Monsanto’s flagship weed killer, Roundup, has had a tough year. And it could get worse.
With Roundup at the center of a federal case in the United States over claims that it causes cancer, European Union officials will meet in Brussels on Thursday as they weigh whether to allow the continued use of products that contain Roundup’s active ingredient, glyphosate, in its 28 nations.
Because Europe makes such decisions the way Americans vote for president — with a weighted vote among its member states — the outcome is tricky to predict.
A final decision, already long delayed, is not expected until later this year. France and Italy have indicated they will oppose the reauthorization, while Germany’s position remains unclear. A range of outcomes are possible, including phasing out Roundup and similar products entirely or limiting the length of their reapproval.
While Roundup still enjoys broad support among farmers and a number of European governments, sentiment against its maker is at a low point in Europe, with a petition campaign against glyphosate reportedly surpassing one million signatures. Last week, the European Parliament also made Monsanto the first company barred from lobbying the chamber after its executives refused to take part in a hearing over glyphosate. Monsanto viewed the hearing as a political sideshow.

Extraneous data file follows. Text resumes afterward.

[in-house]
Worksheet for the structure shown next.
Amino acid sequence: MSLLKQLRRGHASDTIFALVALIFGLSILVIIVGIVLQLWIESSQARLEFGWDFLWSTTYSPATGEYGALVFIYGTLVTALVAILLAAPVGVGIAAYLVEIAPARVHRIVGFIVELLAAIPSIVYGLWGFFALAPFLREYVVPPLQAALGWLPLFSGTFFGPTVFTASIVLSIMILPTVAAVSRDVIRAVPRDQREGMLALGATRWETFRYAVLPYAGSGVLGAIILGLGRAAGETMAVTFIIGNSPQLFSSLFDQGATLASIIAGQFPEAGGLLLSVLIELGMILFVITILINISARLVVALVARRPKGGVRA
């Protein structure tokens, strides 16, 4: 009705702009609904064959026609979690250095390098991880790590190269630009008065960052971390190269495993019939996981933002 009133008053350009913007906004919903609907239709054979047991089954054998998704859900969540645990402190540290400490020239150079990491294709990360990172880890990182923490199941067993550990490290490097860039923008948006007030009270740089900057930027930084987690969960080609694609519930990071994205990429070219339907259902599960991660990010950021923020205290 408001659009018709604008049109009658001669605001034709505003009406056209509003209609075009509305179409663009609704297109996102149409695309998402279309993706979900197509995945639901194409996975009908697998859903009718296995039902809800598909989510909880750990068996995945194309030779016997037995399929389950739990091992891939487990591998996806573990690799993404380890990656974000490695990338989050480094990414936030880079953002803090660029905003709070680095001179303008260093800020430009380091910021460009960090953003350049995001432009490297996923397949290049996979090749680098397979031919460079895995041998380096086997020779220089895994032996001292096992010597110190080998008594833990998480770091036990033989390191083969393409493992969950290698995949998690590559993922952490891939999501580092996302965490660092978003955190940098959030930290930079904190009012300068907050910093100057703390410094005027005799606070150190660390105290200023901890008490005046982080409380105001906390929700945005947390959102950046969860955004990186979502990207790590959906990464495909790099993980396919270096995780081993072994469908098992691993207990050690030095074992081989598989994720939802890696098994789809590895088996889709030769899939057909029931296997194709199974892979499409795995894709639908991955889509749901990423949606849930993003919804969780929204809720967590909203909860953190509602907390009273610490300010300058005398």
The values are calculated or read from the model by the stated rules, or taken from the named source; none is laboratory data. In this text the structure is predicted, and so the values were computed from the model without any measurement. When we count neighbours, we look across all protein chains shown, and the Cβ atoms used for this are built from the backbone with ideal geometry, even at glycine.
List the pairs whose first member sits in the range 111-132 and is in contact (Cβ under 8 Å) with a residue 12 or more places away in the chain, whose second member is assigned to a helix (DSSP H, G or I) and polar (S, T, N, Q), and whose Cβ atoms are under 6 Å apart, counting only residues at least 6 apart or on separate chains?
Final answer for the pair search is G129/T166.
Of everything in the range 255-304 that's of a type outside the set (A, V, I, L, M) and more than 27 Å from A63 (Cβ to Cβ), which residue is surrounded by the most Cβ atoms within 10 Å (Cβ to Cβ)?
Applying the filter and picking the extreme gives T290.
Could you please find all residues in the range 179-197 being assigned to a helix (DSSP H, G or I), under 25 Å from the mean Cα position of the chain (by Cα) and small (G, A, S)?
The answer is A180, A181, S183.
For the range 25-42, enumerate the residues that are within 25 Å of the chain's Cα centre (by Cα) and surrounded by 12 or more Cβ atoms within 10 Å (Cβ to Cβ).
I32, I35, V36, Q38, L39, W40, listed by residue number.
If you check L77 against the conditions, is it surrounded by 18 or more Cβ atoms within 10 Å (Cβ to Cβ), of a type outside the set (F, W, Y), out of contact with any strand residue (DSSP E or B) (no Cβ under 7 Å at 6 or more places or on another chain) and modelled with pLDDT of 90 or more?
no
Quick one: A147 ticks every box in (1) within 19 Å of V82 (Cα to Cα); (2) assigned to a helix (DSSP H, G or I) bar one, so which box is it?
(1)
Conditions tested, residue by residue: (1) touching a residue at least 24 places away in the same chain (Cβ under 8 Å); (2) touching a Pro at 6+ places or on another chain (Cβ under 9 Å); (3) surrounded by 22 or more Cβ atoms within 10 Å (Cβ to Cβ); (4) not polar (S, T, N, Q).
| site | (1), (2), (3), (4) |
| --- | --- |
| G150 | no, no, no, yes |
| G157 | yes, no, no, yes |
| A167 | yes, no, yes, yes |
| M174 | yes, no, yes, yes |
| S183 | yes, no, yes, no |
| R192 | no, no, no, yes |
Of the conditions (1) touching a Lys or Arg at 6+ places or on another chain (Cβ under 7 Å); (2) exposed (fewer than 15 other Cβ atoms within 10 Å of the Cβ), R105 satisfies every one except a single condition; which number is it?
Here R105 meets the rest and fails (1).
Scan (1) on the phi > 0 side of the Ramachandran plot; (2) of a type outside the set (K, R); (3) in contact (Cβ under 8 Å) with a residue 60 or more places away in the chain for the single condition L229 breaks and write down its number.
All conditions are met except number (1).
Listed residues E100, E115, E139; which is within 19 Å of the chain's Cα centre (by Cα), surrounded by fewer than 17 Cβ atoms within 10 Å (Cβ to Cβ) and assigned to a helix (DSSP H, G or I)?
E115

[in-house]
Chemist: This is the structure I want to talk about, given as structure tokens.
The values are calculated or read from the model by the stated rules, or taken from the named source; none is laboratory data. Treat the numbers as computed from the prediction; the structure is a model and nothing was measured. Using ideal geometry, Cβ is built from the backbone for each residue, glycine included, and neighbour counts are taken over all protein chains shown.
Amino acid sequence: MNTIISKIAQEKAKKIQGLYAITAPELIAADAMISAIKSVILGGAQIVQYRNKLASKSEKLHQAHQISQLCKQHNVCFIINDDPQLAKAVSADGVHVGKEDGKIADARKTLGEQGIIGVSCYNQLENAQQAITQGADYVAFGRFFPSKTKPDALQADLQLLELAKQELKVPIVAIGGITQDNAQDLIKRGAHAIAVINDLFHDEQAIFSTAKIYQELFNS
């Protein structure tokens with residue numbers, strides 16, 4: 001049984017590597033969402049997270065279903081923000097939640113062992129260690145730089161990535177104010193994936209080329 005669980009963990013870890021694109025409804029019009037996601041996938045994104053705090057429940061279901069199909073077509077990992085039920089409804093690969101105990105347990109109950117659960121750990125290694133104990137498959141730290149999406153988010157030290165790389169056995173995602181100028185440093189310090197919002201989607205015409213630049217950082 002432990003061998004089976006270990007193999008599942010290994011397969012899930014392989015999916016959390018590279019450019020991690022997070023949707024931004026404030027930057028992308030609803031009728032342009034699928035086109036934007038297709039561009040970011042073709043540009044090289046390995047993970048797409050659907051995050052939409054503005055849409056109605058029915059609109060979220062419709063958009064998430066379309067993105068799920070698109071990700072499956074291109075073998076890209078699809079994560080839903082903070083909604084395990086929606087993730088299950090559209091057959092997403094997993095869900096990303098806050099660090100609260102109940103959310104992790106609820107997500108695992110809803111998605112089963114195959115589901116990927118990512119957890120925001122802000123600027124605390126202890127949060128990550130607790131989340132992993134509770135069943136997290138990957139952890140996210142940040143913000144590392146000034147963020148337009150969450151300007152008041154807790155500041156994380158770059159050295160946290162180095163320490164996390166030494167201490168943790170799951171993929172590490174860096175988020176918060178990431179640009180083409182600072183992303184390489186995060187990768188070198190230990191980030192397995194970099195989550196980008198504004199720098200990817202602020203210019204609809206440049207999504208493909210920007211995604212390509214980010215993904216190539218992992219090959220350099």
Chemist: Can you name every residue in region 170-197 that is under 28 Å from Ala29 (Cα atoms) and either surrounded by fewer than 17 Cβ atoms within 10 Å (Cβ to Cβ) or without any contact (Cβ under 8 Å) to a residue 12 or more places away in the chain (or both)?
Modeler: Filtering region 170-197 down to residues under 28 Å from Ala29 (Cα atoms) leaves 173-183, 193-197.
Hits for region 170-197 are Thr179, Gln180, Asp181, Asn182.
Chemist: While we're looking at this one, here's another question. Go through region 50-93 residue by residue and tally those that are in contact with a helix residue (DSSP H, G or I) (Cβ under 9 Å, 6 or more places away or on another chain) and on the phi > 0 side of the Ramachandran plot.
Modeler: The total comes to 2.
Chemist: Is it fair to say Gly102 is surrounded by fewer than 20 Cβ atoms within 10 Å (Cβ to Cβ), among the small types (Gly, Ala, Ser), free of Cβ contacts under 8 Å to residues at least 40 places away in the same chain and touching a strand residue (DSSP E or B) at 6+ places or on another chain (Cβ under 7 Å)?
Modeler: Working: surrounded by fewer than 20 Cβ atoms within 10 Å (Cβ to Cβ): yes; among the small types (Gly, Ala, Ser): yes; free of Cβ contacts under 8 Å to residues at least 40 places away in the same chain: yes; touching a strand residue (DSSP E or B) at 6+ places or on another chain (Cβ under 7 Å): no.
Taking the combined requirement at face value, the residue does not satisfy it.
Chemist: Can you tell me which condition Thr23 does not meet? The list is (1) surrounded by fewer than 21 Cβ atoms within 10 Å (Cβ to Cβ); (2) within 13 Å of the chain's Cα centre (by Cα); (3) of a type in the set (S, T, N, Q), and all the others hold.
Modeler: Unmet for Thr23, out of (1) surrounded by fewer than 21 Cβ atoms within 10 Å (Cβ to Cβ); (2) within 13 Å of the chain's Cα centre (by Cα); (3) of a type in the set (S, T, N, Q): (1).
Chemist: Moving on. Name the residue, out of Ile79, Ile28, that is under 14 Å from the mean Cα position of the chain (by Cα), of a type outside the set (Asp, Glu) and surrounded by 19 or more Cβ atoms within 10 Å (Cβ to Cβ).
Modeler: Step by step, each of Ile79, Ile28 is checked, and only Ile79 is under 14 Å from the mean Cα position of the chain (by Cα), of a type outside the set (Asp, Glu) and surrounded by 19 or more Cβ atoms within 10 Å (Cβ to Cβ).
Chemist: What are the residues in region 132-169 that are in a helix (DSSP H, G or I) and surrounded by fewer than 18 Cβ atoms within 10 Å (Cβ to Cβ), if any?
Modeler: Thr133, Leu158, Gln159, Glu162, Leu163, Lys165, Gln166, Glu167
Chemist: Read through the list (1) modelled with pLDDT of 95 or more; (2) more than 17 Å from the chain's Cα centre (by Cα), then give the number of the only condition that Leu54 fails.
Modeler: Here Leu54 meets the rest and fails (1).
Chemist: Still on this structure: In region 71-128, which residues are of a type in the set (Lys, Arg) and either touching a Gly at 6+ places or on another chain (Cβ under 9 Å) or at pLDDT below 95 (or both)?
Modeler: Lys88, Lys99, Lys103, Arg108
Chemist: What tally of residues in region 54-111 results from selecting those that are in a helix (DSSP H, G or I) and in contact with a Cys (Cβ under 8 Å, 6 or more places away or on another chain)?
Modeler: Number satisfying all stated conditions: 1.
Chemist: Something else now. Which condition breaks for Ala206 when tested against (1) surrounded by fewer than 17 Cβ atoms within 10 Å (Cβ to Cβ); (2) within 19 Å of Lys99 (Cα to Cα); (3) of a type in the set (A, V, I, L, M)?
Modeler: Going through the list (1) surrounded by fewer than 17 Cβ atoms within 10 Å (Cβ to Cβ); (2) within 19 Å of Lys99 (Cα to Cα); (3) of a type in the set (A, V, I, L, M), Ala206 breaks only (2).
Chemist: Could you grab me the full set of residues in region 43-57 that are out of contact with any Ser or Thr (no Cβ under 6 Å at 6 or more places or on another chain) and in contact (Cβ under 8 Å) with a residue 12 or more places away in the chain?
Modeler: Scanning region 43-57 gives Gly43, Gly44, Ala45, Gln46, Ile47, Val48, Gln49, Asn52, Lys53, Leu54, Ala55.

“We are ready and willing to engage the European Parliament and policy makers in Europe,” said Scott Partridge, Monsanto’s vice president of global strategy, in an email. But, he added, “this particular forum was not set up for substantive discussion related to the regulation and use of glyphosate.”
Monsanto, which is in the process of being acquired by Bayer, also faces litigation in the United States from farmers, members of their families and others who claim that Roundup is connected to non-Hodgkin’s lymphoma. The litigation has led to embarrassing questions about whether the company had engaged in ghostwriting of news articles and academic papers.